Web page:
This was the year of preparation for the breakup of the Bell System. While it created new and exciting relationships for independent manufacturers, it also signaled the realization that, for us at least, not much has changed.
The court decision allowing the Bell operating companies to re-enter the terminal equipment market occasioned a precipitous decline in both the quality and quantity of COG services. Installation services supplied by the BOCs deteriorated throughout the year; and the reason does not appear to result from the dislocations one would normally expect from divestiture.
The Bell Companies also decided to get a jump on the terminal equipment market by beefing up Centrex as an equipment service. The Antitrust court said the BOCs could re-enter the communications equipment business with zero market share. But Cetrex became the vehicle for circumventing the decree. The BOCs enhanced Centrex with PBX feature services; offered it in traditional key system markets; and precipitously reduced prices to gain preferential advantages over our equipment market.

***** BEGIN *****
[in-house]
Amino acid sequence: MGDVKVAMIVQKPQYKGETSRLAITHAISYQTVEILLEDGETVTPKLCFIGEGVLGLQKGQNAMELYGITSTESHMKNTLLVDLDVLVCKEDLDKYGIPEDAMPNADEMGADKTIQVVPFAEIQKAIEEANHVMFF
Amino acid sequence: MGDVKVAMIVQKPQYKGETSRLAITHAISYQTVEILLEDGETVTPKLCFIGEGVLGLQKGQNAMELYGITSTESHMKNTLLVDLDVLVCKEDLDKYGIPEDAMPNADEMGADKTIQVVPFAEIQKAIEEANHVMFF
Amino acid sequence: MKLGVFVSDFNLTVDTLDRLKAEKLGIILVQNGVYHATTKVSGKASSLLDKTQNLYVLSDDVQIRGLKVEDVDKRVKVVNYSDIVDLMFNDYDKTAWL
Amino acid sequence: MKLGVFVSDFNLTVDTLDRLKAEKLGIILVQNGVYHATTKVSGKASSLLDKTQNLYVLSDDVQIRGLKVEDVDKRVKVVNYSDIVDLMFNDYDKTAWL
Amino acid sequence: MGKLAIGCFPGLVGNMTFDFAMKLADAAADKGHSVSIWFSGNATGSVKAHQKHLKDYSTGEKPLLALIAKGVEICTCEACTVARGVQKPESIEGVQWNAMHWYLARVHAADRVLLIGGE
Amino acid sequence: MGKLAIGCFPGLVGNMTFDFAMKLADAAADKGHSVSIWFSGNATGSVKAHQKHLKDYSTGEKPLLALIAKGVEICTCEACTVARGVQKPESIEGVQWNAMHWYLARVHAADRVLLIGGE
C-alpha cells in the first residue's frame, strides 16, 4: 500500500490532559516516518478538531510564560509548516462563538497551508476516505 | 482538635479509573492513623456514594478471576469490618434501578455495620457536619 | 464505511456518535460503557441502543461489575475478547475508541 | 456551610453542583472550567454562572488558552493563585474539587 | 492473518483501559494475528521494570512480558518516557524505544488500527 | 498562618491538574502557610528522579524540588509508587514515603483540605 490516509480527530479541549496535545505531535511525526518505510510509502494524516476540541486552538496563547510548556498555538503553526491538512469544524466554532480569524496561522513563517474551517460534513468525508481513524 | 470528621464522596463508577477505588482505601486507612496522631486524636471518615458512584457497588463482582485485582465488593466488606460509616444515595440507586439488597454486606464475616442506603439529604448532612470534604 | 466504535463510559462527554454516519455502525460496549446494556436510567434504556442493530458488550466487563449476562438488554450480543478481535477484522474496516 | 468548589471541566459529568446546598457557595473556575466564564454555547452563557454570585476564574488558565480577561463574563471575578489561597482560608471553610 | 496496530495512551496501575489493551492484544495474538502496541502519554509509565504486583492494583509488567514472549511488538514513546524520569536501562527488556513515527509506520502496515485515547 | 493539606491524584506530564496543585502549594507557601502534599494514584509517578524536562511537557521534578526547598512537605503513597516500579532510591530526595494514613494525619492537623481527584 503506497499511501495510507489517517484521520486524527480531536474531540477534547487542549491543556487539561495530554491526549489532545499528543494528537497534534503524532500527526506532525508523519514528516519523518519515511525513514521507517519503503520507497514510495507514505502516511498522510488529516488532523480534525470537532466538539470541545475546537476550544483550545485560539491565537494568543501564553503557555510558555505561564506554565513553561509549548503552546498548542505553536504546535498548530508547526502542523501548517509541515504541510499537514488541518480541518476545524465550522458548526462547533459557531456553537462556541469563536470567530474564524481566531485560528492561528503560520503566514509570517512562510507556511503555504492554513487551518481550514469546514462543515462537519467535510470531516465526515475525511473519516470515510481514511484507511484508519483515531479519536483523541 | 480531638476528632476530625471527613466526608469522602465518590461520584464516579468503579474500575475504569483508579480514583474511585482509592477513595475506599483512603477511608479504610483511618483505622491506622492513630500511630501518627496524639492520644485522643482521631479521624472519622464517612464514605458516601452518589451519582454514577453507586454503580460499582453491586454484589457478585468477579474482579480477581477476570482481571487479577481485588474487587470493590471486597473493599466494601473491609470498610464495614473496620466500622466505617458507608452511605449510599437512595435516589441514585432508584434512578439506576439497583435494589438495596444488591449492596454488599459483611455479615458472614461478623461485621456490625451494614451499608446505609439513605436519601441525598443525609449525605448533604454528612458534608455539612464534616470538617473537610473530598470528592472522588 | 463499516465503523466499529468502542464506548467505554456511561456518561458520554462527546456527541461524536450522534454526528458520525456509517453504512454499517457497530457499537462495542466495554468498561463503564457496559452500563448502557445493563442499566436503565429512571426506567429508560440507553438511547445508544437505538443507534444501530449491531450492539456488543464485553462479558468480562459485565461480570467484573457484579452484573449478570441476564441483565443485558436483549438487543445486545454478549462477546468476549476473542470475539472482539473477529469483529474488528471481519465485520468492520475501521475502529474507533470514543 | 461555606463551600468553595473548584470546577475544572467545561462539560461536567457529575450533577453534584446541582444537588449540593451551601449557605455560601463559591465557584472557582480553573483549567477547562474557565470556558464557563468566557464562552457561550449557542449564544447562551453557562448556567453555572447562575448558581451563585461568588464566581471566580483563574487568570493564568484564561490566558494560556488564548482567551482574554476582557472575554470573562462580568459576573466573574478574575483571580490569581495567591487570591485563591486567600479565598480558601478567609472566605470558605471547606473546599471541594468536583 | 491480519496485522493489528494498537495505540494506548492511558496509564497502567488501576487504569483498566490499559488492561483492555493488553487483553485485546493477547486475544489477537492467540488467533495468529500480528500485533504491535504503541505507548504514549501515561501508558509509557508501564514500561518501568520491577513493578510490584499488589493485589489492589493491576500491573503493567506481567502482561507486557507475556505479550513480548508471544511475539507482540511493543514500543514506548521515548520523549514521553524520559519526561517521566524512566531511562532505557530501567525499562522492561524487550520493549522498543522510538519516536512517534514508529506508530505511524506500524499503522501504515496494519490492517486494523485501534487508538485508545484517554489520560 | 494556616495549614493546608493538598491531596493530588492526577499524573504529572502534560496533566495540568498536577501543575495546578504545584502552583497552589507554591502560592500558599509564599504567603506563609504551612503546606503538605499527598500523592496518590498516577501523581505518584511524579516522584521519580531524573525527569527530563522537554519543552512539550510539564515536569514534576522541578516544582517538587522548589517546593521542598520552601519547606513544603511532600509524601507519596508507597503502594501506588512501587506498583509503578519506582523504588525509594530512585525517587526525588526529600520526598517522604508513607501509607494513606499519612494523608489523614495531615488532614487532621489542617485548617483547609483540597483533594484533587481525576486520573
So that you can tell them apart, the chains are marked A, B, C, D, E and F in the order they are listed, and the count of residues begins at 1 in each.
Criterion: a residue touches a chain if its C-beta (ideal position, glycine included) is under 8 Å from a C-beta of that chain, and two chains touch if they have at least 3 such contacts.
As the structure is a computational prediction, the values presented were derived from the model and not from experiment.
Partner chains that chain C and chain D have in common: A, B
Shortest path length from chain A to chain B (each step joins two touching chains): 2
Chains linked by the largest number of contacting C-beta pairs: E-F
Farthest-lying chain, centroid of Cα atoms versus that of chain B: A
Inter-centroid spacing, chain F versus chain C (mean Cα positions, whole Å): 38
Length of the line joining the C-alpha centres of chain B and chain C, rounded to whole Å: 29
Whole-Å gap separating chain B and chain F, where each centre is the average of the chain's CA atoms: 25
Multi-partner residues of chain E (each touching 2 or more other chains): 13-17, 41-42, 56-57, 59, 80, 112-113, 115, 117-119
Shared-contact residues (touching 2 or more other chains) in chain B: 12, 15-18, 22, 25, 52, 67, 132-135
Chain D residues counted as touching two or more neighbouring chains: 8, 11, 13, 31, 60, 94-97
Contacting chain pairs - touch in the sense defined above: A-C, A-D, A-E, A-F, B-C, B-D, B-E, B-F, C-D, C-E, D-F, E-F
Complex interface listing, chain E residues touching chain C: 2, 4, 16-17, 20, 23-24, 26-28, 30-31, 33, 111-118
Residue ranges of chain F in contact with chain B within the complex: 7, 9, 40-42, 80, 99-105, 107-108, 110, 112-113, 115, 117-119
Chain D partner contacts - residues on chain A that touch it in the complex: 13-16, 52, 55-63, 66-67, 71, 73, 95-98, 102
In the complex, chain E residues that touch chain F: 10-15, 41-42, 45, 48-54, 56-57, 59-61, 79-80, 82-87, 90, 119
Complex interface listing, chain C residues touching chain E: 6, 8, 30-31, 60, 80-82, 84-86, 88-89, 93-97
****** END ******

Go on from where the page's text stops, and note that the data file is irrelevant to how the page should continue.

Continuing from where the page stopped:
Throughout the year, as we fought these strides against independent competition, we quickly learned that regulatory and legal biases are still weighed toward carrier competition in the new environment. Once again, regulators are shutting their eyes to the cost of anticompetitive behavior to general ratepayers, as once again we persist in fighting the crosssubsidization of regulated services aimed at the competitive market.
AT&T, of course, was not to be outmaneuvered. In one of this country's more brilliant financial strokes, the Bell System's investment in used communications's equipment was written down from $9.5 to $2.8 billion. The meaning for the competitive market is that a price war will avail no one. New equipment cannot compete at the price of old, just as new cars do not compete against used ones; and it is well to remember that used car maintenance is triple or quadruple the cost of new. Unfortunately, it appears telephone customers are on the verge of relearning that same painful reality which was so well taught to them year ago by the automobile industry.